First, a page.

VP: A simple question: In his dffb period from 1966 to 1969, did Skip Norman fly regularly to the USA? After all, it was expensive.

CB: I do not know. I don’t think so.

VP: He made his films around 1970 in Washington.

CB: I don’t know much about this phase. We did a few small things together and a big WDR production by Georg Lehner. Georg and his wife were friends with Skip in the 70s. When I came back from the USA, they prepared a dinner for us.

MB: Excuse me if I insist. Can you remember events where Black Panther solidarity played a role? You didn’t go to such events?

CB: No. He told me about it, but he was really very gentle. He was never boasting: I was there and there at this political event—as many other students would have done. Skip was older than all of us. I think he’s six or eight years older.

VP: He was born in 1933.

CB: You see, that’s eight years. He was much calmer. And he knew exactly what he was doing. Every now and then we had—not quarreled, but had a different opinion—but that also belonged to these times. I can’t remember him being emotionally extreme, but he was enthusiastic about Frantz Fanon. The first time I heard the name, he had just discovered it, too, and said that it was an important text. He read a lot, just like Straschek did. But then again, everyone read. I just thought of Bitomsky, who was also “a Bookworm.”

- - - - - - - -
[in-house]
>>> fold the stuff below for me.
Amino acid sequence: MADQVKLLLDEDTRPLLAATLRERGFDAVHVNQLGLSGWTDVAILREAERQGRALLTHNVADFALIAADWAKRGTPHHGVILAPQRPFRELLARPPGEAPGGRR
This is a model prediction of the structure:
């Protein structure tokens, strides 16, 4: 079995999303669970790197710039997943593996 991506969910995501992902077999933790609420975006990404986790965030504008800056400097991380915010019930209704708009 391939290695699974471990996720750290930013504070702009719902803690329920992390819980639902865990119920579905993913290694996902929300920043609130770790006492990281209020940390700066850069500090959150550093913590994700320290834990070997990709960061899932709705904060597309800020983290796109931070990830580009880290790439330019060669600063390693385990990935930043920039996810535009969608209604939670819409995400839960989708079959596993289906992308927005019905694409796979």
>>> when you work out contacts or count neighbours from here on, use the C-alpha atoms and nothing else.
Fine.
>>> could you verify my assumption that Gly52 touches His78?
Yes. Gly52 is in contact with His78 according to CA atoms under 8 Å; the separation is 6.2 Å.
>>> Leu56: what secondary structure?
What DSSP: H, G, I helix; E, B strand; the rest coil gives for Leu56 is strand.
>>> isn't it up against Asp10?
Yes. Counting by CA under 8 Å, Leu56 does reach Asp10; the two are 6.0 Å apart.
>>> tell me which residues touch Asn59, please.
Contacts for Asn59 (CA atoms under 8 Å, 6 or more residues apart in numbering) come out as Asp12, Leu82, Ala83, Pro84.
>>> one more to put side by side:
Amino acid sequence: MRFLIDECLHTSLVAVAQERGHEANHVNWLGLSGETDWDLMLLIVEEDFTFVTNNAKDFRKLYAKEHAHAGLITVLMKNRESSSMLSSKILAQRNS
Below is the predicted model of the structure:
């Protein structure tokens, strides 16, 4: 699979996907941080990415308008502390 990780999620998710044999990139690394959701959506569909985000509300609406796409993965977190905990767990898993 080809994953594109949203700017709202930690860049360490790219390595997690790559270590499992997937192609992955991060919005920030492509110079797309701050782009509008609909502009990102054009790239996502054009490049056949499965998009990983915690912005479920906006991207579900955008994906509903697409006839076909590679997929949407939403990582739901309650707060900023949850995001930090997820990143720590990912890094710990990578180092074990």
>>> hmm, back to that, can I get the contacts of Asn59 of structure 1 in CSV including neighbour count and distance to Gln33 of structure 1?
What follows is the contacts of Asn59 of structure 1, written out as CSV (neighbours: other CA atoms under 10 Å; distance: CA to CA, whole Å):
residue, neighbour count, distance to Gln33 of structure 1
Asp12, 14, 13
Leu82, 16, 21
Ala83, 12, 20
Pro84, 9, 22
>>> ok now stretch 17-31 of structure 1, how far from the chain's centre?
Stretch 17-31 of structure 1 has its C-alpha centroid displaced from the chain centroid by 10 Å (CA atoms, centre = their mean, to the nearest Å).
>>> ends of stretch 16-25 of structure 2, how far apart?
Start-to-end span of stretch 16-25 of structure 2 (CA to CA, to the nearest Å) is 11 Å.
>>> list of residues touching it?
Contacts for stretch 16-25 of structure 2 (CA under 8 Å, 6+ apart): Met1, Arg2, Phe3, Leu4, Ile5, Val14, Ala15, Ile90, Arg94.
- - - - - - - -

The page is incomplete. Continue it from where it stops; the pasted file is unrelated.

MB: During the 1970–71 shooting of Für Frauen 1. Kapitel with the women’s team around Cristina Perincioli, Skip, who was the lighting technician on this film, was reading Eldridge Cleaver’s Soul on Ice. That’s what Cristina Perincioli told me.

 

Strange Fruit / Cullen Maiden

VP: So did you both graduate in ‘69?

CB: No. my graduation was one year later, in 1970.

VP: In Skip Norman’s graduation film at the dffb, Strange Fruit, there are some trick sequences a little similar to the ones in De Oppresso Liber, although less extreme. Photographs that pulsate like flicker. At the beginning of the film, there is once more a long black image. And then the photo of a black person flashes up briefly. The years 1950 to 1968 are shown—but these numbers also appear so short that they cannot be discerned—then the black reappears; then, for a split second, again the portrait of this black person and a shattered window in the foreground, as if a projectile had penetrated it. Again the black image, and this alternation is repeated, each time a little longer. Finally one understands: This is a kind of dedication to this black man who was probably killed by the police. I had to look up who this is, but I’m sure that at the time, everyone realized that the photo shows Bobby Hutton, the treasurer of the Black Panthers, who was killed in a police shootout in Oakland on April 4, 1968 at the age of 17.